Harley Marine Contracts for ATBs
Seattle-based Harley Marine Services’ first ATB is under construction now, following a recent in-house study. “This ATB will allow us to provide better coastal petroleum transportation with faster delivery,” founder and CEO Harley Franco said last month. “It will be reliable in adverse weather. And it will allow us to use less fuel for coastal deliveries, reducing the company’s carbon footprint.” Additionally, the articulated unit will give its crew safe access to the barge and cargo tanks during voyages.
The company partnered with Zidell Marine Corp. of Portland, Ore. for the barge and Conrad Industries (CNRD) in Morgan City, La. for the tug. Harley expects its first ATB to enter service late this year, joining the Olympic Tug & Barge fleet in Seattle. The ATB has a double-hull barge with a hull length of 422’ 3”, a molded beam of 76’ 8” and a depth amidships of 27’ 10.” The barge will have a carrying capacity of 83,000 barrels and will be paired with a 4,070 horsepower twin-screw tug. The tug will be 116’ long, with a molded beam of 36’ and a depth of 16’ 9.”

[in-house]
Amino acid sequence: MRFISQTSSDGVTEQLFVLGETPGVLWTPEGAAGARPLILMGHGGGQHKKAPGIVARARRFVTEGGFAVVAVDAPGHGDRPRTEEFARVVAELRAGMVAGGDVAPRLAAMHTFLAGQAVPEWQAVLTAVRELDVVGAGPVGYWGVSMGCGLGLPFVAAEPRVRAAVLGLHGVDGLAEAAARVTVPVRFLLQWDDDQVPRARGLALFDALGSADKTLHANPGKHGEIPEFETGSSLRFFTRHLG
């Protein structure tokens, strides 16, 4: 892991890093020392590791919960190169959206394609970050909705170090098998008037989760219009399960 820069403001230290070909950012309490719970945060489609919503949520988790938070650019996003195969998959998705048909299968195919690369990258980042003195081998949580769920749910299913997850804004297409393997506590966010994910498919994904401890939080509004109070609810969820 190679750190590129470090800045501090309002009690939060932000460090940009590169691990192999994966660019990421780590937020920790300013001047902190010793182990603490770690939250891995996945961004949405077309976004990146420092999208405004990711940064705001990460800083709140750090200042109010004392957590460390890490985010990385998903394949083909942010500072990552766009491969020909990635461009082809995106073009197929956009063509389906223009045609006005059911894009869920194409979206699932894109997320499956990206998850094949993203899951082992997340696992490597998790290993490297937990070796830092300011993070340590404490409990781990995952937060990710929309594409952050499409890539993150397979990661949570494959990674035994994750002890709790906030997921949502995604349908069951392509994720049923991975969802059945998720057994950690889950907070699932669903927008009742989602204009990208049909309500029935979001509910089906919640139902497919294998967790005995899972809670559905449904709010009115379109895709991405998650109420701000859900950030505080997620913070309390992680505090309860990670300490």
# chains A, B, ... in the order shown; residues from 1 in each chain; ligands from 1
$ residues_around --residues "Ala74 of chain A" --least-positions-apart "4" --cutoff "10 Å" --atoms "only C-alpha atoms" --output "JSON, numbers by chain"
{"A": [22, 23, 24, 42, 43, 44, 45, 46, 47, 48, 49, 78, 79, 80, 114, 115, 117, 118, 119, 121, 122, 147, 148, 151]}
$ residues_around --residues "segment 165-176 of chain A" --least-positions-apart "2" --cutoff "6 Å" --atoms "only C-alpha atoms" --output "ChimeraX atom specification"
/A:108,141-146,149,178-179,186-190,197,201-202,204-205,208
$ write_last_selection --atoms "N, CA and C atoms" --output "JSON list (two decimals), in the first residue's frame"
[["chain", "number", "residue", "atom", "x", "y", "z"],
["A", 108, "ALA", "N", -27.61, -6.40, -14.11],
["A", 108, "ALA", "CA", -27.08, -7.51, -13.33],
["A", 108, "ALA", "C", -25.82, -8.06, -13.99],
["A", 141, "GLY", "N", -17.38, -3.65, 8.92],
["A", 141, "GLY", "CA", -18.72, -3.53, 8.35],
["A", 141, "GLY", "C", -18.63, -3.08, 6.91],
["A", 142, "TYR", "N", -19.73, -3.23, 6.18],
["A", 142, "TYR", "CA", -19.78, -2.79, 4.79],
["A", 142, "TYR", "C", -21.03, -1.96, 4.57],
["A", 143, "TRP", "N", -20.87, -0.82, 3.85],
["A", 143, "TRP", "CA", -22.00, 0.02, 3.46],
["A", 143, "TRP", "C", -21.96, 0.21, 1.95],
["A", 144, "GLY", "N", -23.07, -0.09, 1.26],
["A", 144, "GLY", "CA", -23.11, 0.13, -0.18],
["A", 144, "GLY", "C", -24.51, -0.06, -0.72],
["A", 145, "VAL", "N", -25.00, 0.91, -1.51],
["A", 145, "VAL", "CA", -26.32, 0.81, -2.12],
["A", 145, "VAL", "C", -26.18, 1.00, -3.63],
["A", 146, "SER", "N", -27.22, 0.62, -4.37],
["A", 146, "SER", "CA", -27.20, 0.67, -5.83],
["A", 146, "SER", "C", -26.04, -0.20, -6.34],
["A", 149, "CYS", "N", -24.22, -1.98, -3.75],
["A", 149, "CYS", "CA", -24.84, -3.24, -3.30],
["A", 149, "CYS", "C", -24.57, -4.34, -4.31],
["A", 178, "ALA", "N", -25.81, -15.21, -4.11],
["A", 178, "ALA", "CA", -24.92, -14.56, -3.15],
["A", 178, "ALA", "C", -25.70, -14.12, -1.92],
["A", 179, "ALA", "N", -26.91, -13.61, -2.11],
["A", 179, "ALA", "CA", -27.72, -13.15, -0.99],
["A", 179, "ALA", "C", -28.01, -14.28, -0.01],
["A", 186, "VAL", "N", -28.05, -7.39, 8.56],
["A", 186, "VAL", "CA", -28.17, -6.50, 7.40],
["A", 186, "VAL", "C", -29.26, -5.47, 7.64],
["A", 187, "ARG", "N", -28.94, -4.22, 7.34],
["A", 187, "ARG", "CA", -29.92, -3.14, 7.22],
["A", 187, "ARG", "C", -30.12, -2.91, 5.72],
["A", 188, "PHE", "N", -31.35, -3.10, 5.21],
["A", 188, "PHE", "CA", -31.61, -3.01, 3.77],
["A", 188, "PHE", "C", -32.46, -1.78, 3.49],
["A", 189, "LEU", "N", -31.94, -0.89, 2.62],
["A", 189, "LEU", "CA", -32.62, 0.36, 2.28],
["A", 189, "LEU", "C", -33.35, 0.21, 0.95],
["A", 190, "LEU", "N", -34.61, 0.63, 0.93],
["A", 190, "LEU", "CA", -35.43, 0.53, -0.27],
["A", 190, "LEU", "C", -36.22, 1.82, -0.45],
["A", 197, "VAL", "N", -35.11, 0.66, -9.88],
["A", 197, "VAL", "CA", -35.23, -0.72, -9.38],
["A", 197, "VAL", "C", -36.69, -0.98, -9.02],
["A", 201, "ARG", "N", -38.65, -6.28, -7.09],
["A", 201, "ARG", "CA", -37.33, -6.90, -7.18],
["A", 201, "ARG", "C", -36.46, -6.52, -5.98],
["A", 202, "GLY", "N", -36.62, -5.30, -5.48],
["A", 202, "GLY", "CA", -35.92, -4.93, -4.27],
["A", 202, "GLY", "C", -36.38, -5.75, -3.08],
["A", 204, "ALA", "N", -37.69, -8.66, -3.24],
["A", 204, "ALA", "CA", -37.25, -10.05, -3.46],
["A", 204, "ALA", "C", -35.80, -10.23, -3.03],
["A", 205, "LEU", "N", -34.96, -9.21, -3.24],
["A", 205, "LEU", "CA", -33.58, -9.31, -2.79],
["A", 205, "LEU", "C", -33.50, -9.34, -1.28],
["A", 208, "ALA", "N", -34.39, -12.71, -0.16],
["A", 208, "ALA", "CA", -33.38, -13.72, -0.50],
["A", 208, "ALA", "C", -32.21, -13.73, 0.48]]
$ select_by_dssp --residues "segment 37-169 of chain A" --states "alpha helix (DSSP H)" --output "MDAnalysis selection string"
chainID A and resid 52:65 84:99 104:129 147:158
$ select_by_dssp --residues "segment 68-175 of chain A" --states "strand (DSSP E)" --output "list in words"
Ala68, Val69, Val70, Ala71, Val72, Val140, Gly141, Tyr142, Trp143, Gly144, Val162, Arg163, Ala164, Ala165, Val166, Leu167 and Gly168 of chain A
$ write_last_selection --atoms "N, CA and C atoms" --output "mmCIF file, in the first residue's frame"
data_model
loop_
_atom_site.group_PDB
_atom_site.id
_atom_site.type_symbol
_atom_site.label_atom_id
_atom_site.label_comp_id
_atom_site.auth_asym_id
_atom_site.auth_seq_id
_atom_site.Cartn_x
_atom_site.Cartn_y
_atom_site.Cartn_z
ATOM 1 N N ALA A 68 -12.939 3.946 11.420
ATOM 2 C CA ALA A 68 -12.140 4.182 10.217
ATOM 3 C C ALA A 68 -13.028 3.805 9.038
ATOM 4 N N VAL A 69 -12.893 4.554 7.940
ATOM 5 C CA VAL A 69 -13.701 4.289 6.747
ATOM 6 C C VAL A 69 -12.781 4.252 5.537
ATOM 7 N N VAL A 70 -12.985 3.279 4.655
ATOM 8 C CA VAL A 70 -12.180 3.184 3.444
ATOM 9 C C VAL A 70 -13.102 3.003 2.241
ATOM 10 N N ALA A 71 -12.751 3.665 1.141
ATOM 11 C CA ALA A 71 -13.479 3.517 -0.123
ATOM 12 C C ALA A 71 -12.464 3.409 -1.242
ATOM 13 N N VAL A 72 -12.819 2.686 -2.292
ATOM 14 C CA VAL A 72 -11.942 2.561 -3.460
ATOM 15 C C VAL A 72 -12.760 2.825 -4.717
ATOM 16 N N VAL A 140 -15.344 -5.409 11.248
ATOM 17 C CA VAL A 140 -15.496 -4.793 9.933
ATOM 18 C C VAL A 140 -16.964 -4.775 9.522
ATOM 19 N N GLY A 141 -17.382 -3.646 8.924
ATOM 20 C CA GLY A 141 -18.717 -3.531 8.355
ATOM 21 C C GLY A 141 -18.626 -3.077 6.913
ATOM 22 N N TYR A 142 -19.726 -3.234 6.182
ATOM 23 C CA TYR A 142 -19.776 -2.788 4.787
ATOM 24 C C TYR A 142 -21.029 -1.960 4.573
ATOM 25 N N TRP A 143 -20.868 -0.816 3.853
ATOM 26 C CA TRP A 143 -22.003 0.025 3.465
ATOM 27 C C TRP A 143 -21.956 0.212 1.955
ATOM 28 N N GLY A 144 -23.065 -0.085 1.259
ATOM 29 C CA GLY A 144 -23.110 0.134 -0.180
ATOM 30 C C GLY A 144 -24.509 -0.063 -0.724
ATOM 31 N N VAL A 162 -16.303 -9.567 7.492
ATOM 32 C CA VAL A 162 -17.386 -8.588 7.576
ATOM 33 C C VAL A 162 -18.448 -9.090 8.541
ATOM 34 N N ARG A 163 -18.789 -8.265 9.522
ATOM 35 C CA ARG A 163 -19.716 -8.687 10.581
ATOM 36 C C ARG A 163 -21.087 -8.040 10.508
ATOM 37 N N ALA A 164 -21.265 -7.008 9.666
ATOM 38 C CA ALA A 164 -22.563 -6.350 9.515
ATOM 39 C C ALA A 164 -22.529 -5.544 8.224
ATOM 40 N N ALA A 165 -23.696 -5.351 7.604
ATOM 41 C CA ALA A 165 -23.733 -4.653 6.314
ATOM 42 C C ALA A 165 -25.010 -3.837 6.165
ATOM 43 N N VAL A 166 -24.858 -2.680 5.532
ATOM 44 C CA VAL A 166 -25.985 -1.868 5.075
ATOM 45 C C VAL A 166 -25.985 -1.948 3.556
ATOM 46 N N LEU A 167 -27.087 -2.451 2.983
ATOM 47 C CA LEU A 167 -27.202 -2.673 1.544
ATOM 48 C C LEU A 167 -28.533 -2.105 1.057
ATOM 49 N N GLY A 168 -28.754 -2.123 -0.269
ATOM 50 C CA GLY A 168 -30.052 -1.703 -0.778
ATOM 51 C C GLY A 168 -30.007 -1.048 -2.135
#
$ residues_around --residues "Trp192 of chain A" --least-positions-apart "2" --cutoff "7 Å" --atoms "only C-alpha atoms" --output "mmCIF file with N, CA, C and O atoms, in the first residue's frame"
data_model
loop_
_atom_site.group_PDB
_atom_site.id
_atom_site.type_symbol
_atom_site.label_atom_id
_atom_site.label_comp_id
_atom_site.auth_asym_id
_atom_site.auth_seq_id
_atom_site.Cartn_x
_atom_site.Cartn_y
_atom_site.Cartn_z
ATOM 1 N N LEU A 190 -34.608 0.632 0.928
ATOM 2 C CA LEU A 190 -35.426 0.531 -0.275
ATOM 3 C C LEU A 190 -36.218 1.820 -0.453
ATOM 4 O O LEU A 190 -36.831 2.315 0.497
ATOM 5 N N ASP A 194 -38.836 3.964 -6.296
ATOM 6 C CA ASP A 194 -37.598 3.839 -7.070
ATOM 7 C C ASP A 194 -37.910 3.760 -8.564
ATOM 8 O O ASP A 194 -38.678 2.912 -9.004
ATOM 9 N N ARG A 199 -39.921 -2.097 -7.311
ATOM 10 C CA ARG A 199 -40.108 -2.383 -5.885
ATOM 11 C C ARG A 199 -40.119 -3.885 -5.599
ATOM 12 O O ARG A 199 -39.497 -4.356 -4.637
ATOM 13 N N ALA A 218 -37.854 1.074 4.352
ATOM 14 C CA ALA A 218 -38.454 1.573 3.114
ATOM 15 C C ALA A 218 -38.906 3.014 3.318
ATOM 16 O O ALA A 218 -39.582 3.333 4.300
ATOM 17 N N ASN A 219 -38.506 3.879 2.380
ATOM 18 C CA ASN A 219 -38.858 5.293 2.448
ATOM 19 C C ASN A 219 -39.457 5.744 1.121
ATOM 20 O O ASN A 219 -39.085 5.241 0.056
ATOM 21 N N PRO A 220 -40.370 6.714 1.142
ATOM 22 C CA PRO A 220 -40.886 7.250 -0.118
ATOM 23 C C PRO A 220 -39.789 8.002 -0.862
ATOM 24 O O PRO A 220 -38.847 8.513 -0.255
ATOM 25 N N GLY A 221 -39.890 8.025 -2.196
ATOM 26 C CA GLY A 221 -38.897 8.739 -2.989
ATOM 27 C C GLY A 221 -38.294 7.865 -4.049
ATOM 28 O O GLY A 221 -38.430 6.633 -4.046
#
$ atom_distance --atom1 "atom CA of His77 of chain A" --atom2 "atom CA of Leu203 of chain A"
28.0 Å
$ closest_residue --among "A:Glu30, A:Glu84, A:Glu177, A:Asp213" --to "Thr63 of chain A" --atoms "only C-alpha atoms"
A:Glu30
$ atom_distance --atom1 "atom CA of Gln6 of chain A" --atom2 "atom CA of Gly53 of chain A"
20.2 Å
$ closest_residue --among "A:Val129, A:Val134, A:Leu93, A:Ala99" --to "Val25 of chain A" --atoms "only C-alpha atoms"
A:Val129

Harley Marine plans to another two ATBs. Both of them will be 83,000-barrel tank barges, to be constructed by Vigor Industrial in 2015. All three ATBs will have technically advanced, environmentally friendly equipment so that the company can continue providing safe, reliable and efficient service, Franco said. “Our future plans may include building more ATBs to meet growing demand for coastal petroleum transportation,” he said.
GLDD Orders a Dredge ATB
ATB’s can be fitted for dredging, too. At Great Lakes Dredge & Dock Co. in Illinois, vice president Bill Hanson said last month, “We’re in the design phase for our first hopper dredge ATB, which is scheduled to be delivered in 2016. This will be the first dredge of its type ever built, and we’re excited to be in the lead. Its uses will include coastal protection, harbor deepening and channel maintenance projects.”